Miruts Yifter, an Ethiopian runner and two-time Olympic gold medalist known for his explosive bursts of speed, died on Thursday in Toronto. He was 72.
Yifter was widely known as Yifter the Shifter for his acceleration, which propelled him to gold medals in the 5,000- and 10,000-meter races at the 1980 Summer Olympics in Moscow.
In an article describing his strategy, The New York Times reported: “Yifter won the 5,000 with his trademark, a burst of speed over the final 300 meters that makes it look as if he has suddenly jumped on a bicycle while the others in the race are still merely running. It is a move to which other runners usually have no answer, and today was no exception.”
His Olympic career began in 1972 in Munich, where he won the bronze medal in the 10,000. He missed the 5,000 race when his coach failed to summon him in time for the start.
He did not compete at the 1976 Summer Games in Montreal because Ethiopia, like other African countries, boycotted the Olympics that year. The boycott was in protest of the International Olympic Committee’s refusal to ban New Zealand, whose national rugby team had toured South Africa in defiance of a widely observed athletics embargo on that country because of its policy of apartheid.
Yifter continued to compete into the early 1980s, running on Ethiopia’s gold-medal-winning team at the 1982 and 1983 International Cross-Country Championships. But life after his Olympic victories was overshadowed by unrest in his home country.
He lost a coaching job with the national team and, he said, was beaten by security forces because he had run afoul of the country’s leaders. In the late 1990s, he moved to Canada.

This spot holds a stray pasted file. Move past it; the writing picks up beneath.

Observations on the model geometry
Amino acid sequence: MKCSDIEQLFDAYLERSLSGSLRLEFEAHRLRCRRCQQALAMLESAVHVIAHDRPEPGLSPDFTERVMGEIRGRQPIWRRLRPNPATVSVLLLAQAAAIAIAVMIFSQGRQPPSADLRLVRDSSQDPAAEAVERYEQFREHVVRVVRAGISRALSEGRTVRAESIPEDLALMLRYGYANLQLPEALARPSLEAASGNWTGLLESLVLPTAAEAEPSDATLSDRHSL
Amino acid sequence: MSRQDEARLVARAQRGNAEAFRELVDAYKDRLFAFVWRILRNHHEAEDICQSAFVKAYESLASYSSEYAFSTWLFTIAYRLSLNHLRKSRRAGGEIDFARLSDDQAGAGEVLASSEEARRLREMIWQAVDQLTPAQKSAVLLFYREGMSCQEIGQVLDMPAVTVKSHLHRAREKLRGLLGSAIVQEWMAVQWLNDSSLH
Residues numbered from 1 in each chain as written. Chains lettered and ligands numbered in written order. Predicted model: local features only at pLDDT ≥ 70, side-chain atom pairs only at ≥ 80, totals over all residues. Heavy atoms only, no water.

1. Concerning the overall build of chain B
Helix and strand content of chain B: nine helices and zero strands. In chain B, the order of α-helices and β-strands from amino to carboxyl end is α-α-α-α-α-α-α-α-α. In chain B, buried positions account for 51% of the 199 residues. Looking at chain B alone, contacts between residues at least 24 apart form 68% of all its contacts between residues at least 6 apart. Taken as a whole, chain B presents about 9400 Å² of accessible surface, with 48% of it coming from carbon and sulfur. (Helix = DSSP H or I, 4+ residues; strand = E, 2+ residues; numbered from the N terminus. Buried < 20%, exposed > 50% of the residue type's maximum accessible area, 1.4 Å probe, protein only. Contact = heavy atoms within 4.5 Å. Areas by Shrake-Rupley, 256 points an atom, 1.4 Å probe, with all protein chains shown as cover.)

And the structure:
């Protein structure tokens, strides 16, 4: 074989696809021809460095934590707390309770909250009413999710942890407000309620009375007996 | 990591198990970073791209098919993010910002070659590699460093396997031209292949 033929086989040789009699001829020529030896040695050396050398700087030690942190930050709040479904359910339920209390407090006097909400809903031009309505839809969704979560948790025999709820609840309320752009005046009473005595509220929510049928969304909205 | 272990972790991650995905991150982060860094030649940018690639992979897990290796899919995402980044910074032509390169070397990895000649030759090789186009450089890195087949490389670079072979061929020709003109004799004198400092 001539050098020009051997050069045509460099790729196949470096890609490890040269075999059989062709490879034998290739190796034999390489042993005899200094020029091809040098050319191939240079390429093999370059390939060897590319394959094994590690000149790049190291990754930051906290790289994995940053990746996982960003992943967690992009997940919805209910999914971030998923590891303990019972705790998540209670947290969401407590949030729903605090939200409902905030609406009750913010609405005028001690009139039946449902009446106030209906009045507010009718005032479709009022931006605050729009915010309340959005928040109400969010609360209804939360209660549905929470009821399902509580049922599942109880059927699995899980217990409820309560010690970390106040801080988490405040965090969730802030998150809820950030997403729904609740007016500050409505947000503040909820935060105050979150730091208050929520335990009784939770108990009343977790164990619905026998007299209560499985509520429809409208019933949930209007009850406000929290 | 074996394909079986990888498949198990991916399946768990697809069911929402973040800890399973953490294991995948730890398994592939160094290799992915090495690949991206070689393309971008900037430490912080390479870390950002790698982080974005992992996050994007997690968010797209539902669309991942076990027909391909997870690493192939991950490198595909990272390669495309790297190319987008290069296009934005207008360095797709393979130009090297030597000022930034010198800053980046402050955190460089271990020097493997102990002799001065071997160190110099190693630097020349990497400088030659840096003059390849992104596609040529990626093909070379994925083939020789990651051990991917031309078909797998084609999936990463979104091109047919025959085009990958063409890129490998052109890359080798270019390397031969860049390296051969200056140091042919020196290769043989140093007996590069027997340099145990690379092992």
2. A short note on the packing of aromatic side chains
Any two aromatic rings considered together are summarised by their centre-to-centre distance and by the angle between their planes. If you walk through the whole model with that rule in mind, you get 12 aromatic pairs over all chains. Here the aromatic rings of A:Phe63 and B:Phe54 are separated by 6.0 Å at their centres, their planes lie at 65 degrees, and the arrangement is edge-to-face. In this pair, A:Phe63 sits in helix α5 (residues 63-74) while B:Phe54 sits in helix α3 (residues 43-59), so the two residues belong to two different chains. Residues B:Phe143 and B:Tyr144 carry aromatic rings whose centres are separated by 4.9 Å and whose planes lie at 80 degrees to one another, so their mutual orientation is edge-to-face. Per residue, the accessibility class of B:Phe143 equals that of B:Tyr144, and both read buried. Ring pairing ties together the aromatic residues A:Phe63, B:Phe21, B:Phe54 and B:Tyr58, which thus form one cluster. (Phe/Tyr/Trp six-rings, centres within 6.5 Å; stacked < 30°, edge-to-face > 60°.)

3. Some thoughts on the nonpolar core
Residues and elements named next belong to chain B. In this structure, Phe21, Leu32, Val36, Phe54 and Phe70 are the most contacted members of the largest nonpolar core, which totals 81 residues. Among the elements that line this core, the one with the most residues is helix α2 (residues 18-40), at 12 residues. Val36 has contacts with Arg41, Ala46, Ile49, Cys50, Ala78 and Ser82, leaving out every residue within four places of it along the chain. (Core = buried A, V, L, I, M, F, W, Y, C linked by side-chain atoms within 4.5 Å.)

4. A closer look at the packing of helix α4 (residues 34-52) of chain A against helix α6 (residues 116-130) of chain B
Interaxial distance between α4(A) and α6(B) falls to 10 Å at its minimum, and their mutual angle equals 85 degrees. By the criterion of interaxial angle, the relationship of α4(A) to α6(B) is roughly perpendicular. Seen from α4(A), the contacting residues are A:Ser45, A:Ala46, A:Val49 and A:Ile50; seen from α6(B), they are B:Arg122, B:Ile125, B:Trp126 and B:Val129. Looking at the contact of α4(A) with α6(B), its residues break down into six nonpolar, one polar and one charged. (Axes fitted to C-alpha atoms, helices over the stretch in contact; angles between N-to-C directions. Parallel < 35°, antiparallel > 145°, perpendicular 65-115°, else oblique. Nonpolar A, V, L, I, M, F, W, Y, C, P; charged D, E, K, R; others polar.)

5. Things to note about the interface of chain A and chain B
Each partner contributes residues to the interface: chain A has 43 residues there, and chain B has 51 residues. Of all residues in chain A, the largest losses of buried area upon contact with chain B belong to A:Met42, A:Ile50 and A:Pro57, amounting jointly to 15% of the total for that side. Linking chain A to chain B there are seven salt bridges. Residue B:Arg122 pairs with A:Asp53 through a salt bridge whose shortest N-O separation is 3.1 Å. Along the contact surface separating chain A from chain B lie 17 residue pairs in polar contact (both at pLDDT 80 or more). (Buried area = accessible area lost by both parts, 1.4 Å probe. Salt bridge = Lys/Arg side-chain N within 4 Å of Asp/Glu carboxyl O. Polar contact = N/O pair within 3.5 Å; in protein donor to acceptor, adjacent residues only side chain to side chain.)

Miruts Yifter was born in Adigrat, a village in the Tigray region of northern Ethiopia. His birth date is listed by most sources as May 15, 1944, though in a 1997 interview with The Times, he said he was not sure of his age because record-keeping in the rural area where he grew up was spotty.
Yifter had seven children, most of whom live outside Ethiopia, The Associated Press reported.
He worked in factories and as a carriage driver before he joined the Ethiopian Air Force. He first gained international attention as a long-distance runner in 1971 when he ran in the first United States-Pan Africa meet, in Durham, N.C.
His achievements inspired a new generation of Ethiopian runners, including Haile Gebrselassie, who won gold medals in the 10,000 meters at the 1996 and 2000 Olympics.
“Miruts has been everything to me and my athletics career,” Gebrselassie was quoted as saying by The Associated Press. “When I started running, I just wanted to be like him. He is the reason for who I am now and for what I have achieved.”
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